Marrow_art                                                                                                                   Photos by Donna Ruhlman

Several months ago, a number of our family went to Lola to celebrate.  Chef de cuisine, Derek Clayton, aka Powder, started us off with an enormous pile of crispy bone marrow, with grilled bread and a variety of accompaniments.  It was so good that when I had lunch there last month, I called ahead to request it (it’s not actually on the menu because it would be a complicated pickup on busy nights—they serve single pieces as a garnish on the prime rib).

9an_0044phs This second time, able to focus on it during a calm lunch—the delicate crisp shell, the unctuous molten marrow inside and thin slice of crisp grilled baguette—we were able to experience the almost primal pleasure of eating pure rich hot bone marrow.

The pleasure was so great, I asked Powder if I could bring Donna down to photograph it and he said “sure” (as if he didn’t already have a million other things to do coming in after his day off and one man down). It’s one thing to wax about the pleasures of eating bone marrow that drips down your chin.  Another to know how both to cook and to serve it.

Powder buys three-inch pieces of marrow bones.  Ask your butcher for “pipe cut marrow bones” so that you can pop the marrow out.  If you can’t find three-inch pieces, smaller ones will still work.  He soaks the marrow in warm water to loosen them, then pops them out of the bone.

He then soaks them in a water salted to brine level (I would use three tablespoons of kosher salt per quart—1.5 ounces for 30 ounces of water if you have a scale) for a couple of days, refrigerated, to draw out as much blood as possible, changing the water several times.

9an_0058phsTo cook the marrow, roll them in flour till they’re completely coated and sauté them in canola oil over medium high heat (too hot and the flour will burn, too cool and the marrow will melt before the surface is crisp), turning them to brown them well on all sides.  On the day Powder made the marrow (that’s him grilling the bread and plating),  he poured out excess oil when they were nearly done and added some butter to finish them off.  This is a chef I love: when preparing a rich, highly fatty dish, finish it off with just a liiiittle more butter.  Fernand would have approved.  And in all seriousness, the butter browns and makes the crust especially flavorful.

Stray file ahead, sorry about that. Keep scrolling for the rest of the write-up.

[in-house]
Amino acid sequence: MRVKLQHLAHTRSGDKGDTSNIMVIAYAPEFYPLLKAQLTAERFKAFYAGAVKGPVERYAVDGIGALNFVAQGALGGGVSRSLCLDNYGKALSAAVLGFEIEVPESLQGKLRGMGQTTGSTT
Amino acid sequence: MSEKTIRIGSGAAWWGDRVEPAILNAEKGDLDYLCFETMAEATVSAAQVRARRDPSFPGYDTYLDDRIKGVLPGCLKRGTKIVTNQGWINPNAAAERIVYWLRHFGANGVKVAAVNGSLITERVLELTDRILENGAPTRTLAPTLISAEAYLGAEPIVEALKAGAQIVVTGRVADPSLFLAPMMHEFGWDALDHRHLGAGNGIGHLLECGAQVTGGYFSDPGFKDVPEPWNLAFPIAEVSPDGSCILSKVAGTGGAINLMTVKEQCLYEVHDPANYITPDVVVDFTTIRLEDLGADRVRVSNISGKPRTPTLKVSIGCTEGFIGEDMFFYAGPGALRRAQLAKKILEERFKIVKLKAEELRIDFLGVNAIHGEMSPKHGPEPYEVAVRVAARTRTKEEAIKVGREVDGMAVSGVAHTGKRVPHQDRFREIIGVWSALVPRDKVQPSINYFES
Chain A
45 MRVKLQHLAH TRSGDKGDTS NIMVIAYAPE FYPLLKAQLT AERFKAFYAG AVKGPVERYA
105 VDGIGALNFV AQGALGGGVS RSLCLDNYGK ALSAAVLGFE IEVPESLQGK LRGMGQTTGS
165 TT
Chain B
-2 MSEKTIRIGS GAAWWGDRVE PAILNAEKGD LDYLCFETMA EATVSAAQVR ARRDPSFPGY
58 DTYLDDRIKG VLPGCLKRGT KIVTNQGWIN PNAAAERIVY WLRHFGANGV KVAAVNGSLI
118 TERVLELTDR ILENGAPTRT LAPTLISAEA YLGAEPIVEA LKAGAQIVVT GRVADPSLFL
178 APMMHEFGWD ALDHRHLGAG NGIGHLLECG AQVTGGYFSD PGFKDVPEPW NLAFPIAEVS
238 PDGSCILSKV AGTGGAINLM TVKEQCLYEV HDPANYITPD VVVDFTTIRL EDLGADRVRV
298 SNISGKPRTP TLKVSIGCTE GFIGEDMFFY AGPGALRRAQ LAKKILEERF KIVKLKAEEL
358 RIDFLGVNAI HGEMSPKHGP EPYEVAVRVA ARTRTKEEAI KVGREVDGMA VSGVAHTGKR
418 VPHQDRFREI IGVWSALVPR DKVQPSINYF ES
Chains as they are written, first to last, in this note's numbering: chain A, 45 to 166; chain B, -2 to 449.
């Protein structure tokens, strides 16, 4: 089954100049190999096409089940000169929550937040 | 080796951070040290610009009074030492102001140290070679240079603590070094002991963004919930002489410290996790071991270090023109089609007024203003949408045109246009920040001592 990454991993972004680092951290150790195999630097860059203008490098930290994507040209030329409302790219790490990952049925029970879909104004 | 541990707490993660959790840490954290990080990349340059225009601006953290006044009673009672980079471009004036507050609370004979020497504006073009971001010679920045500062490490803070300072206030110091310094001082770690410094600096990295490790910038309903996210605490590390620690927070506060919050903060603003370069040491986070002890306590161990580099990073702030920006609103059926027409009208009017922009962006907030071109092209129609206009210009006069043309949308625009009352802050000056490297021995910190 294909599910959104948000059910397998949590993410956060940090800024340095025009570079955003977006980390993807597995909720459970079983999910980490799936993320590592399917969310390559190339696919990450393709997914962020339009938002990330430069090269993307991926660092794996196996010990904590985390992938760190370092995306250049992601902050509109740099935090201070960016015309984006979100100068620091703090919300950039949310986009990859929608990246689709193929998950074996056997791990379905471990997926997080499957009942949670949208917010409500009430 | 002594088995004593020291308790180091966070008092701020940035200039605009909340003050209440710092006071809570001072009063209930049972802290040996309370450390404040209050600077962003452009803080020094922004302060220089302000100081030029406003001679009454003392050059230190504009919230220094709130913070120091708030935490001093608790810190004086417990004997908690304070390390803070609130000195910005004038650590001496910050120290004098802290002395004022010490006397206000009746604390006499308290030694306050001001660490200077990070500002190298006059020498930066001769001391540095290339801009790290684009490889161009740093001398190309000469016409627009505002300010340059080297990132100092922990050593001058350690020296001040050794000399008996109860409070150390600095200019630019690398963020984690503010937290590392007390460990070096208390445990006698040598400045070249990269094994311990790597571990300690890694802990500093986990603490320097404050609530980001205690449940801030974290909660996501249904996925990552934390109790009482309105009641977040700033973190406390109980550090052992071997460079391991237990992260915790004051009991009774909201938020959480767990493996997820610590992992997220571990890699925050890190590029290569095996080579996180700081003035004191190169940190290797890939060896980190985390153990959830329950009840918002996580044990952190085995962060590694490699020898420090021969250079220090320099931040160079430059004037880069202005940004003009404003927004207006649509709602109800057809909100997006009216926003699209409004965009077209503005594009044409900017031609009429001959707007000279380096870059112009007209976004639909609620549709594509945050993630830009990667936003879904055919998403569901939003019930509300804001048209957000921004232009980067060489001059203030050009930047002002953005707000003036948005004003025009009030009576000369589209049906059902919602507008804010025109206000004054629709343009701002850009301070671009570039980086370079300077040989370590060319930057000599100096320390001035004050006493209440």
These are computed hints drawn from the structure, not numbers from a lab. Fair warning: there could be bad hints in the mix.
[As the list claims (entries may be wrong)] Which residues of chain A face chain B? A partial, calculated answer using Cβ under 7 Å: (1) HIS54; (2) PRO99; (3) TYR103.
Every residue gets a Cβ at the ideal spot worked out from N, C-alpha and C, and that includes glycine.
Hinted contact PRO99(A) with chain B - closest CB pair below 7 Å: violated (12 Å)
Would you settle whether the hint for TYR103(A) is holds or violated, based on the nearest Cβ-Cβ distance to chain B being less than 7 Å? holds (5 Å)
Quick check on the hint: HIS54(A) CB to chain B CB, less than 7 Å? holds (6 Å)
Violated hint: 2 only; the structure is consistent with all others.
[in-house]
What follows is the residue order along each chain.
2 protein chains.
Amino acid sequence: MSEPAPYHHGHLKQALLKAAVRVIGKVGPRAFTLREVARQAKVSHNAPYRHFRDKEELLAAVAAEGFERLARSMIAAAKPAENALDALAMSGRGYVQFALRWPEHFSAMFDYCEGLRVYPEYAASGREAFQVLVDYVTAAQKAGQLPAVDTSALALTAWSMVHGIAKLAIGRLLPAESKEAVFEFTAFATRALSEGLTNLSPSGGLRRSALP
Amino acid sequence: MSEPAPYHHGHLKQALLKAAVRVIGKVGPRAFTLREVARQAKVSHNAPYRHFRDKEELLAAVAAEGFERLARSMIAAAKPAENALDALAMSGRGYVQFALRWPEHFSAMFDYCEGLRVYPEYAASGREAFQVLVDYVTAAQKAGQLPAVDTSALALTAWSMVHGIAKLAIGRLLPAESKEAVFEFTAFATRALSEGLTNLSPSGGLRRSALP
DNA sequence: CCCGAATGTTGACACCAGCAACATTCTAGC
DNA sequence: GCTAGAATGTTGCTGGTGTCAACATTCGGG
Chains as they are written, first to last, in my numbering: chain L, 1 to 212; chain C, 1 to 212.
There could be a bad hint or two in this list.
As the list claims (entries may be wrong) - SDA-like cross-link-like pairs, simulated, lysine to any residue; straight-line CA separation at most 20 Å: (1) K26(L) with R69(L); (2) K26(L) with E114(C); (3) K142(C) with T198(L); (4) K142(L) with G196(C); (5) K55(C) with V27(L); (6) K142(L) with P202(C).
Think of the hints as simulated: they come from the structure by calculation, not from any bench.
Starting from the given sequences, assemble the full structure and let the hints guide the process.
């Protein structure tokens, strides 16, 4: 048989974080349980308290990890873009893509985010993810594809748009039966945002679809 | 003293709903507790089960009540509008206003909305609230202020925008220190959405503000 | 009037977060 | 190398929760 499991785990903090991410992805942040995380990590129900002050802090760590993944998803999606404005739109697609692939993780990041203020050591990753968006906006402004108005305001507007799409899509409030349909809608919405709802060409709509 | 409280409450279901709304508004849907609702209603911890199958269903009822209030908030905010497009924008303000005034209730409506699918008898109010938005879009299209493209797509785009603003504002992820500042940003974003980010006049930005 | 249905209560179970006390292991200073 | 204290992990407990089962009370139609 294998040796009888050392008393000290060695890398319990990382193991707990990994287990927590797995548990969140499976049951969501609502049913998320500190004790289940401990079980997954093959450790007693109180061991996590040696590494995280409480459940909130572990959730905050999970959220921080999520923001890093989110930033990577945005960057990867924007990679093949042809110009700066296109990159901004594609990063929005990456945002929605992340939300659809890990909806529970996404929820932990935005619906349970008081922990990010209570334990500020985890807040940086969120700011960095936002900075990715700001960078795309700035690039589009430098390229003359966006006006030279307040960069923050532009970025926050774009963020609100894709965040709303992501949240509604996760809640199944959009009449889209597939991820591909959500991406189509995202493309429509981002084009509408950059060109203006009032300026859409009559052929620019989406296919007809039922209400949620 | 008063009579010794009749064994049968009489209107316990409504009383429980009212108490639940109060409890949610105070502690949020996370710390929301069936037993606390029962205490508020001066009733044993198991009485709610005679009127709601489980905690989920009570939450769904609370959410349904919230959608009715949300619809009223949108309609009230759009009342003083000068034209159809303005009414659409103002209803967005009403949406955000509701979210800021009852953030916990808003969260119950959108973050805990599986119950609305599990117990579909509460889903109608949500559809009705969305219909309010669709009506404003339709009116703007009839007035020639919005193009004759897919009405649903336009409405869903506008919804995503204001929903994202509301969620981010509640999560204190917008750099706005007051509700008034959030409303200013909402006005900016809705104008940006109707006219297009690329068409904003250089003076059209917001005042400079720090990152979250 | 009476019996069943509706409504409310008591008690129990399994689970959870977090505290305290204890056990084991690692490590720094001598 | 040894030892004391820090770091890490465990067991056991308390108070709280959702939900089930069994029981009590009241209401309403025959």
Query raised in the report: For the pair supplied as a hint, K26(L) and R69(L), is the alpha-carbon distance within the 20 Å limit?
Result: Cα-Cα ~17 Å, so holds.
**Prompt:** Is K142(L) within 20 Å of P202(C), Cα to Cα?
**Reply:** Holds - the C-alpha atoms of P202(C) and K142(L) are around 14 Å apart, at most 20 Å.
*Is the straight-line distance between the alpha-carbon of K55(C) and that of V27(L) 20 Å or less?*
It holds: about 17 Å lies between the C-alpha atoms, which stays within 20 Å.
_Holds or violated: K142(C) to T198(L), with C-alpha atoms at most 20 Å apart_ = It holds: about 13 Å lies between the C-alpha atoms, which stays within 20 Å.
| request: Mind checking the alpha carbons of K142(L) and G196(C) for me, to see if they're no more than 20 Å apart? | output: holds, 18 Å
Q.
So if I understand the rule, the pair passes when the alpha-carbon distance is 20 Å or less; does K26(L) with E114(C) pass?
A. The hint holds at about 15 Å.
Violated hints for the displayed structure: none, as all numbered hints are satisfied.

Remove them to a paper towel to drain, then arrange them on a platter with accompaniments.  Powder’s is a great presentation (below) with salsa verde, flaky salt from Cyprus, lemon, torn parsley and pickled shallot.  But that’s more than you’d need at home to serve this as an hors d’oeuvre.  The key items are fresh lemon juice, any kind of crunchy salt, and some torn parsley. Serve it on something crisp.

“I think the grilled baguette makes the dish,” Powder said.  “It evokes that roasted flavor that you normally expect when ordering marrow.”  He’s right—and this way, you get those roasted notes, but you also get that very delicate crispy crunch, followed by the deep, satisfying molten ooze of the marrow.

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Thanks, Powder.  Hope you got all your braises in the oven in time.